The main duties of the Fellow will include assisting in the compilation of an electronic database of gospel citations in Church Fathers, the analysis of this material, and the preparation of a printed edition to be published in the 'Vetus Latina' series.

Applicants must have a PhD in a relevant subject, an excellent knowledge of Latin, the ability to learn relevant IT skills quickly, and the ability to work effectively as a member of a team. A good working knowledge of Greek, experience of database design and maintenance, and experience of working on a research project are desirable.

The post-holder will be a member of the University's Institute for Textual Scholarship and Electronic Editing (

Informal enquiries may be addressed to Prof. D.C. Parker and Dr P.H. Burton [PJW: I've removed their e-mails to prevent them getting spam, but you can get these from the Birmingham website]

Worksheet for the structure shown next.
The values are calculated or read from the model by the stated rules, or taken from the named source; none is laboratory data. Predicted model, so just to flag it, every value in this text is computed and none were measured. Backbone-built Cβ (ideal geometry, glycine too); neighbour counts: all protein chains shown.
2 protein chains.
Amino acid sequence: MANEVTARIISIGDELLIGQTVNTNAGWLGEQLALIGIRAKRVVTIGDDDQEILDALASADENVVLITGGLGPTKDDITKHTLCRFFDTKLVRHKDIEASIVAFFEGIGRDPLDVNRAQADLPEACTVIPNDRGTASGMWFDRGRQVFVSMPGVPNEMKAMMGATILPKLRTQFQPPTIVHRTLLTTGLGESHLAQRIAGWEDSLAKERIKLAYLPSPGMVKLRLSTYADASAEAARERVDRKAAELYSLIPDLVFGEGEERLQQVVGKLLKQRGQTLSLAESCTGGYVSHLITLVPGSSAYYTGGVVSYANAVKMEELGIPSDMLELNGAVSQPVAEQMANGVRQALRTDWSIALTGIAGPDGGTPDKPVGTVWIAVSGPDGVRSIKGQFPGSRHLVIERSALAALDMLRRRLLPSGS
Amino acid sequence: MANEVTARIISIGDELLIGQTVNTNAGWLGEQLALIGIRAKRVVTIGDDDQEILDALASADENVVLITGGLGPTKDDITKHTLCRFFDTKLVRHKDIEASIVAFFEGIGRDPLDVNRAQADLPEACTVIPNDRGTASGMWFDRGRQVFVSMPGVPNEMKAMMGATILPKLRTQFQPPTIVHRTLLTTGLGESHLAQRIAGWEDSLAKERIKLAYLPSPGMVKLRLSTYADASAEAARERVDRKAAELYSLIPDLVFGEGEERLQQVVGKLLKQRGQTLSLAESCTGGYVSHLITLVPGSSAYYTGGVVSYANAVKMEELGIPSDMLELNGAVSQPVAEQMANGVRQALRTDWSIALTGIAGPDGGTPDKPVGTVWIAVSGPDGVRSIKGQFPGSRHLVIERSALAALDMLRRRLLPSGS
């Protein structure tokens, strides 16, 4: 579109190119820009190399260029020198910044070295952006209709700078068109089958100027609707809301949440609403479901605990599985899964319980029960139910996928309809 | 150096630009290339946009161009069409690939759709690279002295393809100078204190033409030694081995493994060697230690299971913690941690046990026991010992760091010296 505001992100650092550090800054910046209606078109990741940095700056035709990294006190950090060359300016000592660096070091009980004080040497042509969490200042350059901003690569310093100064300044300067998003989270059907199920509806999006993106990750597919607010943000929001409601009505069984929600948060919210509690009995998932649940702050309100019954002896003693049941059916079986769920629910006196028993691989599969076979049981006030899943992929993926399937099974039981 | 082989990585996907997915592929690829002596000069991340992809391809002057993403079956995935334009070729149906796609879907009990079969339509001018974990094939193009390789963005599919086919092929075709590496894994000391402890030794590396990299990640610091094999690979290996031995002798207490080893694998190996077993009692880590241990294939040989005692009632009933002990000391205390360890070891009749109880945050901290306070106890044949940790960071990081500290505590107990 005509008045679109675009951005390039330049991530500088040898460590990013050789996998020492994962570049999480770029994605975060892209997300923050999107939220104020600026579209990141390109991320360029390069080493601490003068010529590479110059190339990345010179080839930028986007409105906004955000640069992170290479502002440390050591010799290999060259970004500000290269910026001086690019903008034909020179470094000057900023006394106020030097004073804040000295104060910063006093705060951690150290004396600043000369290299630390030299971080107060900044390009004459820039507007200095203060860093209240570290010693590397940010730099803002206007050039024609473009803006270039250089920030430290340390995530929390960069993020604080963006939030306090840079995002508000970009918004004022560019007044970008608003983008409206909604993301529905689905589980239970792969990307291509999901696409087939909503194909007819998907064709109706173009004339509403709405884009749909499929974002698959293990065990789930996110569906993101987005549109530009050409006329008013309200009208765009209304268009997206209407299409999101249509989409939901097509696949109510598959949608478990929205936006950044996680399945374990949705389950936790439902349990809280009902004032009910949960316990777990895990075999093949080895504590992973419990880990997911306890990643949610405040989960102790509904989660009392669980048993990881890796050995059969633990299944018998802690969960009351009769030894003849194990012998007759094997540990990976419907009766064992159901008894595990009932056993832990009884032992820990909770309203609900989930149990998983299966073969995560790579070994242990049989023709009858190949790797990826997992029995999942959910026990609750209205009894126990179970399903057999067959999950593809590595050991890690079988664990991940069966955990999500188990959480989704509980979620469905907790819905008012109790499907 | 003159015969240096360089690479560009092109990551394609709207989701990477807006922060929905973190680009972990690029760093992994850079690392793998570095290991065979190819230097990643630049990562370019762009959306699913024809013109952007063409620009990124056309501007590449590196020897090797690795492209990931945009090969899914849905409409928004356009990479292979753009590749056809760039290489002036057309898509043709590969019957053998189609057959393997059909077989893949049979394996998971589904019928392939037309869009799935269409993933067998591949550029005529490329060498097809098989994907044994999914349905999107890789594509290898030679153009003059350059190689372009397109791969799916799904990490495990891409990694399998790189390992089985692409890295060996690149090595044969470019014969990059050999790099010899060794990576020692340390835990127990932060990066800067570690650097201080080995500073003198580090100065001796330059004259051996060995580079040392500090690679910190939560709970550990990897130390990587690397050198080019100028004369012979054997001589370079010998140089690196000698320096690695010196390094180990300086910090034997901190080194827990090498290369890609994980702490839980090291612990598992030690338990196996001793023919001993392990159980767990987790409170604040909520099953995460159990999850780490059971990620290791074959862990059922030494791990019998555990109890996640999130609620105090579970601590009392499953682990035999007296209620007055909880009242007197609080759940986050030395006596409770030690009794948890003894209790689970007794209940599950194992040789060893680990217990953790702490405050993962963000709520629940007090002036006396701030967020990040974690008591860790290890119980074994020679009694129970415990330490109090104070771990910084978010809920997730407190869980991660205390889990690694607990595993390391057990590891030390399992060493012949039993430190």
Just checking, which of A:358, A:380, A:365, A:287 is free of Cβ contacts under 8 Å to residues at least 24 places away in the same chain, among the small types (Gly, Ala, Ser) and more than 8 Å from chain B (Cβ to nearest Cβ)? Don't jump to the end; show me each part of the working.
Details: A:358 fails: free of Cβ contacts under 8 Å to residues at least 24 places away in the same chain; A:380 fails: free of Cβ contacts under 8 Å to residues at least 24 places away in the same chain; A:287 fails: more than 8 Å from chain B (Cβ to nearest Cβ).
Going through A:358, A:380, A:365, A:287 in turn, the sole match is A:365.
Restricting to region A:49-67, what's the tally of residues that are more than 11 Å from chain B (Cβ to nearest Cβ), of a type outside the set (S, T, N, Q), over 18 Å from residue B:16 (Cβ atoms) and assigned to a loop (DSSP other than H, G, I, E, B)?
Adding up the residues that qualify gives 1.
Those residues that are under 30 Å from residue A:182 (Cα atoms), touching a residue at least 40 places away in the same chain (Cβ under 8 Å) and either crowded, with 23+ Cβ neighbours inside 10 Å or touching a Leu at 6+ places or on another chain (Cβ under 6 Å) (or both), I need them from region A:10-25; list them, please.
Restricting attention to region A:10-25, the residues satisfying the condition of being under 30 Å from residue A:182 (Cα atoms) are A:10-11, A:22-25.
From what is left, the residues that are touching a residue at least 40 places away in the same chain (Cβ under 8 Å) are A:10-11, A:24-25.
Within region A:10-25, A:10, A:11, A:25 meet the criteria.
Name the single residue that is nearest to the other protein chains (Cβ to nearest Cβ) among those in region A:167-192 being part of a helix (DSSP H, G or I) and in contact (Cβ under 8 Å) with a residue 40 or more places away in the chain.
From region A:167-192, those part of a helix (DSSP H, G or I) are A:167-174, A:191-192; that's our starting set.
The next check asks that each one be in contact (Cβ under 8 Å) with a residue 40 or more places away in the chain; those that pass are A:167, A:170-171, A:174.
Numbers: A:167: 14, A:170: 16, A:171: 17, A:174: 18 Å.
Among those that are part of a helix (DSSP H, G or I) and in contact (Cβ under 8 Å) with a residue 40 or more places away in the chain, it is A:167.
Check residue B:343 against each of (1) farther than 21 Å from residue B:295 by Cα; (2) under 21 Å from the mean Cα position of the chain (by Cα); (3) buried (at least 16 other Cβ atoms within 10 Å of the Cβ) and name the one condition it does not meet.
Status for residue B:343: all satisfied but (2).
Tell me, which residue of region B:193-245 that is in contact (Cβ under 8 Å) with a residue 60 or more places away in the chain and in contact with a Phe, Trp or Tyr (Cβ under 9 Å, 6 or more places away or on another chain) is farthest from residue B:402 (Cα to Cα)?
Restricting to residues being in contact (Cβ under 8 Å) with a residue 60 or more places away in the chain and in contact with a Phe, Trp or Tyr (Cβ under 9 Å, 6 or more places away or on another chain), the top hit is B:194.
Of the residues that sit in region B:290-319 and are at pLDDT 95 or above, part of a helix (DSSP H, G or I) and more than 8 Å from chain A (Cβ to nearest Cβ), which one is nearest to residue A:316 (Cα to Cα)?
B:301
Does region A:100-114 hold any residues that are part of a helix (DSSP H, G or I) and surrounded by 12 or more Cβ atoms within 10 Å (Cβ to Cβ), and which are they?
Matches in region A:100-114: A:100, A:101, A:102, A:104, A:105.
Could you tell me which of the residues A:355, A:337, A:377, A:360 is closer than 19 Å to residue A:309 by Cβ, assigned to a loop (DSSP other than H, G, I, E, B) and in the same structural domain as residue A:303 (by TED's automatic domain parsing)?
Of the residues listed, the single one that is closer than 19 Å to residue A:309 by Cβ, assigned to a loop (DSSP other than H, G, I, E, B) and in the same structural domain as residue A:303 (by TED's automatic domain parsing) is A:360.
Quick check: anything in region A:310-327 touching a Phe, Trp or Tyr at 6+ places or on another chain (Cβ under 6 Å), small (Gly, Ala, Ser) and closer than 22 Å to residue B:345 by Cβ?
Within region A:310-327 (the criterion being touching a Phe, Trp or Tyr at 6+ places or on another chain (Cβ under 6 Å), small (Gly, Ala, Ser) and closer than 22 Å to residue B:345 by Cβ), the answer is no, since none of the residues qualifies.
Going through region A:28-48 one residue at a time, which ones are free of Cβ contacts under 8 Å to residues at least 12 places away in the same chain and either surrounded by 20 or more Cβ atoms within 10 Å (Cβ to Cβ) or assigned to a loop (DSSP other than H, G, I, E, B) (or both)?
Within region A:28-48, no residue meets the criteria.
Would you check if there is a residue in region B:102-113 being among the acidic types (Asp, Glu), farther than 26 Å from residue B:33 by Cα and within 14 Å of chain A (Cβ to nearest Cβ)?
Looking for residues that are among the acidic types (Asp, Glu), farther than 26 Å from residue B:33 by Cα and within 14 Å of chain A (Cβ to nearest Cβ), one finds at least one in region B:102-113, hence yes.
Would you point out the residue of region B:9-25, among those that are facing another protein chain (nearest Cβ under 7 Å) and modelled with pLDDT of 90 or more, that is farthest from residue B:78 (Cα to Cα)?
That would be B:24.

The advertisement for the position may be found at: refNo=A31036
The starting salary is £25,888 - £28,290 a year.

Applications close on 8th August 2008.

Thursday, July 24, 2008

Århus Conference Preparation

I arrived safely in Århus, Denmark today after almost 11 hours of traveling, from coast to coast in Sweden, over the bridge between Sweden and Denmark (the Öresund bridge) and further to Jylland in Denmark. Luckily, the code to the guest house worked fine and the key to my room was in the envelope inside the door. I spent the first part of the evening with one of the participants, and the second part in my room rehearsing the paper, and cutting it down in the last minute. It is supposed to be 40-45 min, leaving 15-20 min for discussion. The ambiguous title is "Implications of Textual Criticism for Understanding the 'Original Text'." I will discuss the term "original text" and the question how far we can reach in the quest for this entity. The final words of the paper (at this point): "The reconstruction of the original text of the Gospels and the New Testament remains an 'impossible possibility'."